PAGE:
I have started coding a packet injector and read up a bit on what one has to do. One thing I'm wondering though is when I create the IP header the h_source and h_dest fields should contain the mac address of the sender and receiver. Do I have to do this and is there a quick way to find out the mac address of the destination? Let's say I craft a ICMP ping packet or some arbitrary TCP packet. Would be nice to just be able to say "send it to 192.168.0.10 from 192.168.0.1" and not having to care about the mac addresses. I guess the kernel normaly fills this in but letting it interfere here would not allow me complete control over the packet.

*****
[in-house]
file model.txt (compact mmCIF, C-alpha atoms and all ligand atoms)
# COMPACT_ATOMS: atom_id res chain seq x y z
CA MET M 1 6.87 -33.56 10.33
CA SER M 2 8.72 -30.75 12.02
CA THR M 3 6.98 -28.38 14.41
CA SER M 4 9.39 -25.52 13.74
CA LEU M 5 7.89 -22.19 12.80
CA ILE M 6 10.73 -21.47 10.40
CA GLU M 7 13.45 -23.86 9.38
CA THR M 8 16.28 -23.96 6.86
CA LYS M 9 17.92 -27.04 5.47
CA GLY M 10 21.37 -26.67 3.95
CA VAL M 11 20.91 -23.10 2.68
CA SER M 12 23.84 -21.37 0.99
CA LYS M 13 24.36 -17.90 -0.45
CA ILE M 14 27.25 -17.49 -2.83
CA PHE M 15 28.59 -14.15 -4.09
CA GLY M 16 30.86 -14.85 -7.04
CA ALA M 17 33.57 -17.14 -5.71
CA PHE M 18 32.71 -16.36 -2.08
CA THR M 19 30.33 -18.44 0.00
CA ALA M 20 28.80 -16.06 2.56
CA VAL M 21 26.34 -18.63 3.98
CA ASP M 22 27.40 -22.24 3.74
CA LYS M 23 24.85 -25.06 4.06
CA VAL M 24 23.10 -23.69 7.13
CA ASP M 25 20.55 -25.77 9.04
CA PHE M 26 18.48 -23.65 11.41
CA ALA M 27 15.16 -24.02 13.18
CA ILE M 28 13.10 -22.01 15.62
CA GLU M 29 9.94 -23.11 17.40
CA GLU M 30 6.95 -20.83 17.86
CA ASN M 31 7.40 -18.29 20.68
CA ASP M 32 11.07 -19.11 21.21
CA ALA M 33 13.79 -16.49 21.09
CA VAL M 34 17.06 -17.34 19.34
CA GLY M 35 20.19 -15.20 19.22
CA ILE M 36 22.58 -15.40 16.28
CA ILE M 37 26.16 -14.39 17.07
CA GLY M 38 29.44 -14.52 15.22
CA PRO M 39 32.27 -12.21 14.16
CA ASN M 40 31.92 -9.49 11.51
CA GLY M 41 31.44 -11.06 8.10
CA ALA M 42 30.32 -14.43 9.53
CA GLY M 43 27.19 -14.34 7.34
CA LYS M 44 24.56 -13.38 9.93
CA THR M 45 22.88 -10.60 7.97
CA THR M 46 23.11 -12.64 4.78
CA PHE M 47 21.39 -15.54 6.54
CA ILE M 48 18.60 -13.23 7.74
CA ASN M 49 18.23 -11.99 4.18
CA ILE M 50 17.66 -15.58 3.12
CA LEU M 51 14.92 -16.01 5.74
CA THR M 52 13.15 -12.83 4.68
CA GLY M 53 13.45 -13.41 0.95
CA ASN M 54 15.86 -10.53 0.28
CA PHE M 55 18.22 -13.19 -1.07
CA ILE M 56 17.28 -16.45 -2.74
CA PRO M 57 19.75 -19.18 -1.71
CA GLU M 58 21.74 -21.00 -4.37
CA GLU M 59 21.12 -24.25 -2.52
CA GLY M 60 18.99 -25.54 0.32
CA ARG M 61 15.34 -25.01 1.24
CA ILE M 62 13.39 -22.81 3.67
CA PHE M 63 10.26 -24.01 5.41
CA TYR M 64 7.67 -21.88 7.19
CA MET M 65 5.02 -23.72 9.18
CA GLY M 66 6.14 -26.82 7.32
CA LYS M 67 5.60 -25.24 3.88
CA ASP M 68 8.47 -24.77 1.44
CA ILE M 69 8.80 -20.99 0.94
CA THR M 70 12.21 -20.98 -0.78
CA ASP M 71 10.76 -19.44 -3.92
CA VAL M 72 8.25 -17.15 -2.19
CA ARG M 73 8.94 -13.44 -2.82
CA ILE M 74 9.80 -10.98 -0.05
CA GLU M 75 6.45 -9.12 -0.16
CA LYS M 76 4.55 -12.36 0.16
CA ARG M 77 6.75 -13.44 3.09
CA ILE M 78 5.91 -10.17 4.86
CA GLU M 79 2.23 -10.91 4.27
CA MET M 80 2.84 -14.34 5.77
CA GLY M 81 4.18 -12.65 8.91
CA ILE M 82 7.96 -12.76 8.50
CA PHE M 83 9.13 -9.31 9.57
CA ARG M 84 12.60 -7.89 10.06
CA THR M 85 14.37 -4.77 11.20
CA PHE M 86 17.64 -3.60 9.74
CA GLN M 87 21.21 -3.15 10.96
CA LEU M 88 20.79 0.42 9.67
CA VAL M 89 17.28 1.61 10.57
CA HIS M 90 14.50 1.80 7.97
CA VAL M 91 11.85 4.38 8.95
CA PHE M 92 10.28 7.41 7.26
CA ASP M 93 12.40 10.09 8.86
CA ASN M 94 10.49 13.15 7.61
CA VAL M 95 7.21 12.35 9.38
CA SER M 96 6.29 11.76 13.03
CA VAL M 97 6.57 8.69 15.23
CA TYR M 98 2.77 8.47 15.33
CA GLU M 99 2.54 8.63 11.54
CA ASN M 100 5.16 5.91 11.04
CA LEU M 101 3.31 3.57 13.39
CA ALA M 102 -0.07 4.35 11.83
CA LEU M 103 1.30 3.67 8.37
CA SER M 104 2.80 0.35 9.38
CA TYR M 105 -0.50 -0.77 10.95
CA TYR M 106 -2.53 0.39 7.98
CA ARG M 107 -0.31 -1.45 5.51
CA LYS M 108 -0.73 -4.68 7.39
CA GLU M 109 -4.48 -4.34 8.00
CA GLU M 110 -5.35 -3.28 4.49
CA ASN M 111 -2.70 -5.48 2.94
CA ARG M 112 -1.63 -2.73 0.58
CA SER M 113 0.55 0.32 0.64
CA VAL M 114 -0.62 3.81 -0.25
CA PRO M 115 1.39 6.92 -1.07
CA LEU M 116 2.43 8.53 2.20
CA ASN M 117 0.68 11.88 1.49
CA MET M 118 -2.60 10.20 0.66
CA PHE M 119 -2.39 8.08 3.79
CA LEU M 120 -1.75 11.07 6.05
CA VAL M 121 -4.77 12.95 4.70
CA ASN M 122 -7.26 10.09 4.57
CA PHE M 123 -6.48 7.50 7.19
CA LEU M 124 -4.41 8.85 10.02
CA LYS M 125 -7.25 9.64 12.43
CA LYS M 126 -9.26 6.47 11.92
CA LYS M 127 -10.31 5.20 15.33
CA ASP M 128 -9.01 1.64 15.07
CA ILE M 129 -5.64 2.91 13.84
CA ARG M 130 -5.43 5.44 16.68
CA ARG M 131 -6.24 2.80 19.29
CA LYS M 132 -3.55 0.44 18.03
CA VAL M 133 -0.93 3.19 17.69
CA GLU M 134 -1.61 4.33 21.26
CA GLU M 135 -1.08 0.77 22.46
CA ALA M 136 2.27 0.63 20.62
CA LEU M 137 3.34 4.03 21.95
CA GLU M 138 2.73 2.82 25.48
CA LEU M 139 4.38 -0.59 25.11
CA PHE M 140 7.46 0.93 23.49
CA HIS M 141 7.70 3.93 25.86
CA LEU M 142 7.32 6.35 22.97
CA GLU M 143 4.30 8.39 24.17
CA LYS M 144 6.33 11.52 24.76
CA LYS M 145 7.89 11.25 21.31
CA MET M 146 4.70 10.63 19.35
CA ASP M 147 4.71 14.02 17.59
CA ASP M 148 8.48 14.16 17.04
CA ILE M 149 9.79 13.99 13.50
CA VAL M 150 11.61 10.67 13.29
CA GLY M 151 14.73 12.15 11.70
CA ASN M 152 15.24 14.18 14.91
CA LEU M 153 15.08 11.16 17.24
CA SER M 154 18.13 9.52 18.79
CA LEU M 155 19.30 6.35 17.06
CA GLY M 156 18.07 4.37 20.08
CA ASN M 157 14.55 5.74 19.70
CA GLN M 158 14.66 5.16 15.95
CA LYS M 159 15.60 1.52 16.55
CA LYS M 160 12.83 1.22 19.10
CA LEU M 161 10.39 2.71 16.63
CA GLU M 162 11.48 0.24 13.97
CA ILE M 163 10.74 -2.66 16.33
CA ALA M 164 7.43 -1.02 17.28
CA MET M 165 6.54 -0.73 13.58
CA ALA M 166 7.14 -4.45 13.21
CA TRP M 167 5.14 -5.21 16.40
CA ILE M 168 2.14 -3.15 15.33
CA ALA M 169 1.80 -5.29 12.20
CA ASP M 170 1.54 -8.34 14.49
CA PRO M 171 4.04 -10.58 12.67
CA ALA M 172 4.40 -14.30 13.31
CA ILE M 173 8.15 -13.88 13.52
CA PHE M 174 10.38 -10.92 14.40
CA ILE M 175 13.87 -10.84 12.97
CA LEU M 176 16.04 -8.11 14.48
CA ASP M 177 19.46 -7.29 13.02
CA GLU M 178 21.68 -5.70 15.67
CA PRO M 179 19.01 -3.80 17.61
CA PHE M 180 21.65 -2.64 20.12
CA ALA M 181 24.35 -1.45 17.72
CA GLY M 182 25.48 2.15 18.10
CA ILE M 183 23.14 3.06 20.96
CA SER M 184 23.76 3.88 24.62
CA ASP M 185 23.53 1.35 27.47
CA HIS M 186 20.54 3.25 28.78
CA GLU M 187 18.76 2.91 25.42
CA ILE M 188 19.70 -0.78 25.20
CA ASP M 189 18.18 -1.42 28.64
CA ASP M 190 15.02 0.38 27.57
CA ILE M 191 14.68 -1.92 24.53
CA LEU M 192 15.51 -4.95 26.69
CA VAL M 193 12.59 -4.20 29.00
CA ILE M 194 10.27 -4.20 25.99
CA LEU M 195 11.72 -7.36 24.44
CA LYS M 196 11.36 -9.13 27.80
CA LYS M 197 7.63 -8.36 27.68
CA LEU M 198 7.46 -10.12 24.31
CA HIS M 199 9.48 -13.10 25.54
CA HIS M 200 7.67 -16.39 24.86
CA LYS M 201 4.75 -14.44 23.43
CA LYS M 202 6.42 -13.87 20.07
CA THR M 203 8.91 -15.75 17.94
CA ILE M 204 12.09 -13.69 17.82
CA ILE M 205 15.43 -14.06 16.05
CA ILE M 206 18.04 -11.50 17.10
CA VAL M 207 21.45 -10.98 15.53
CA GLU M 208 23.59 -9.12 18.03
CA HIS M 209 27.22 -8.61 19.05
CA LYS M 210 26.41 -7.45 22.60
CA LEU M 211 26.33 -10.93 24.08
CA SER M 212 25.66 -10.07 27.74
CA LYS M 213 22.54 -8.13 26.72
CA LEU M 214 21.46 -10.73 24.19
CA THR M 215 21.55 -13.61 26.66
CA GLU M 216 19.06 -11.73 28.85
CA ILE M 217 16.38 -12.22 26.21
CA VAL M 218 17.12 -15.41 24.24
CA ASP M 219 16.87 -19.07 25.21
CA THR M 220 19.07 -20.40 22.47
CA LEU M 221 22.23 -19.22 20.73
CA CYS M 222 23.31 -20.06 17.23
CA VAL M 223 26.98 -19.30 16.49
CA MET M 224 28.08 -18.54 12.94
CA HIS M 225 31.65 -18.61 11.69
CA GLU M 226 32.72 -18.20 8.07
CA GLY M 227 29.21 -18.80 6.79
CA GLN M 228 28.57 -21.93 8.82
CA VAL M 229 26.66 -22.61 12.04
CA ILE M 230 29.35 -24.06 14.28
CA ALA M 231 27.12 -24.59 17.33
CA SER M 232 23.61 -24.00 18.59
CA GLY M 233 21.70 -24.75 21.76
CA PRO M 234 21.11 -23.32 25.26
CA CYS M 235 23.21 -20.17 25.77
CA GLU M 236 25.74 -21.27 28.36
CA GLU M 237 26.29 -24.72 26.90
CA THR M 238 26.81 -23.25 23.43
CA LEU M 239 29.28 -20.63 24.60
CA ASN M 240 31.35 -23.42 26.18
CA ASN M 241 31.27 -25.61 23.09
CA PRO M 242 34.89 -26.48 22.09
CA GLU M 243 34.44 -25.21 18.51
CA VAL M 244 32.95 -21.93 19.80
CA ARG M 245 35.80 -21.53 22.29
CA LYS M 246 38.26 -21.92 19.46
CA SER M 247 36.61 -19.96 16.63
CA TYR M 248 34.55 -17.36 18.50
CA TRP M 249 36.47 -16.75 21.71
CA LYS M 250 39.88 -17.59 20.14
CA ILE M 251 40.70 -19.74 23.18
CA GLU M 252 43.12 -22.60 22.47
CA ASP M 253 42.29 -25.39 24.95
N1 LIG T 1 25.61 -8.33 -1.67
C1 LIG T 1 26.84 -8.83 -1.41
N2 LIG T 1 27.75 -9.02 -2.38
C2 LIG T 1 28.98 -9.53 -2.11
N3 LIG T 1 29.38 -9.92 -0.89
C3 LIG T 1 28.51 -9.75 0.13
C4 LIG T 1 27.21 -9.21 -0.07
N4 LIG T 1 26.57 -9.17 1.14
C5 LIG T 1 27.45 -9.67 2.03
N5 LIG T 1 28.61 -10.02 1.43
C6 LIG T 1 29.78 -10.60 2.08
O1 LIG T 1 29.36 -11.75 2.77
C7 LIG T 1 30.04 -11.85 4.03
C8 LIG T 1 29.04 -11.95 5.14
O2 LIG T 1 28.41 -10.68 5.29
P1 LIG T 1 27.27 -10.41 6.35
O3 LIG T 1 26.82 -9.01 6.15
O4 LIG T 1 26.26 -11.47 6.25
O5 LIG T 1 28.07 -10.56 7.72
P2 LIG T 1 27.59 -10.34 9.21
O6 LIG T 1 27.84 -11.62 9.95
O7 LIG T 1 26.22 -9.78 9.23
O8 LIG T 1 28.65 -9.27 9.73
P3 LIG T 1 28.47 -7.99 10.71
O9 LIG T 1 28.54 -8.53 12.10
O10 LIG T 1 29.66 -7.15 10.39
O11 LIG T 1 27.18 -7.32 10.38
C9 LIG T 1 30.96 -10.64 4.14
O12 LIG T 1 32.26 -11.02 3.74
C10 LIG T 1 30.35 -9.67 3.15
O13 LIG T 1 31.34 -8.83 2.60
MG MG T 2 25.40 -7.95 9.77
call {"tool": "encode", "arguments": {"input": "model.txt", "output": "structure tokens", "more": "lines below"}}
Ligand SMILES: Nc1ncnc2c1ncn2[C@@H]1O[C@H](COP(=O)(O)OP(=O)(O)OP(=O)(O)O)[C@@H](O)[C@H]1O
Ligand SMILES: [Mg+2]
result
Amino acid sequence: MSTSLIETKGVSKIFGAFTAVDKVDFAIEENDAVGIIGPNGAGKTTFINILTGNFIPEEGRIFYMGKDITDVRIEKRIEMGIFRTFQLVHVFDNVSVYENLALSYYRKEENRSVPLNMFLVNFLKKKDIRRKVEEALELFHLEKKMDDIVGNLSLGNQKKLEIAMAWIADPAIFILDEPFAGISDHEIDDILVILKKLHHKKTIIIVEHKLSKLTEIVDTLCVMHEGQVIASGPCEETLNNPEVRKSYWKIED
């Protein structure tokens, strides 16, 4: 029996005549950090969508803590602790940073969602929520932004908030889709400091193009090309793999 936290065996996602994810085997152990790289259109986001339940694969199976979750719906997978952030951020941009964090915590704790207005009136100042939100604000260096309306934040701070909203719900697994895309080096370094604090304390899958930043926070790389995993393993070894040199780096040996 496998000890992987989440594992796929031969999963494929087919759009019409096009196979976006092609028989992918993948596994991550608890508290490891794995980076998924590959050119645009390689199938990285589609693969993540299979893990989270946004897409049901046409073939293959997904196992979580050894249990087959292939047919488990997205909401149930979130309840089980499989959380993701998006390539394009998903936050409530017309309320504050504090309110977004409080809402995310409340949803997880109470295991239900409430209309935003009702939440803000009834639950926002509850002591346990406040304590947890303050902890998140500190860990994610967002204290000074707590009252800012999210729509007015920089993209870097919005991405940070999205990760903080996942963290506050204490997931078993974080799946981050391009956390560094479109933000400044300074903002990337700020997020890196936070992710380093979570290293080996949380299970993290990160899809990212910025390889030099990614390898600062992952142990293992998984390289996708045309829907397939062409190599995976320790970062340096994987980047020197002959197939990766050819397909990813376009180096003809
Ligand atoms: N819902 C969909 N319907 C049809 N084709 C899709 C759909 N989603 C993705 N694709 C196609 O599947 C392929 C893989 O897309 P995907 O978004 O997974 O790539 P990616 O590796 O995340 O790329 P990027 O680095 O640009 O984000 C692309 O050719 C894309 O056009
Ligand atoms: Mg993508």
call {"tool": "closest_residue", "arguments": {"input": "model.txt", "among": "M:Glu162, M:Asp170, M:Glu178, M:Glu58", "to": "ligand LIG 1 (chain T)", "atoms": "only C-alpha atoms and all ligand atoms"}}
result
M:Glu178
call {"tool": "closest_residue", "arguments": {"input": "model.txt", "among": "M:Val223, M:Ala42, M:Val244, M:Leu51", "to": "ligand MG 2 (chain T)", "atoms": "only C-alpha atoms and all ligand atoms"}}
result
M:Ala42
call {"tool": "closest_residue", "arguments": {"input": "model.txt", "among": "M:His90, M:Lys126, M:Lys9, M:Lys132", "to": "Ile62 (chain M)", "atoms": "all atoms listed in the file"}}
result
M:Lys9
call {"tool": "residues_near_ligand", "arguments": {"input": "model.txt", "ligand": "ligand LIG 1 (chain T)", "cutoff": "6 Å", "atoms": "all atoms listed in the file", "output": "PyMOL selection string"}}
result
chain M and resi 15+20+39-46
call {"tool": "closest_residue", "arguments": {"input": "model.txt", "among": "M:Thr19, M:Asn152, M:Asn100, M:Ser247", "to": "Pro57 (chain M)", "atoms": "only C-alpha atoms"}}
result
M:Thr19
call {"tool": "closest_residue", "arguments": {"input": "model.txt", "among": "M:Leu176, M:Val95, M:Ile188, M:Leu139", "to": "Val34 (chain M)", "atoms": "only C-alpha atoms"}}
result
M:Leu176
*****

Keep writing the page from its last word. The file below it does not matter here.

I'm afraid you've got that wrong, IP has no knowledge of the MAC adress, only the ethernet layer knows that. That's why you need the ARP protocol to determine which mac adress to send an IP packet to. Normally, you know which subnet you belong to, if your destination IP is local, you ARP for the MAC and send it diretly (this is usually done at a much lower level though). If it's not on your local subnet, you ARP for the gateway IP and send it there instead, which will forward it somehow.
The only source and destination present in the IP header are the source and destination IP addresses.
Yes, you will need to fill this in. You can use ARP to determine the MAC address of a given IP address: http://en.wikipedia.org/wiki/Address_Resolution_Protocol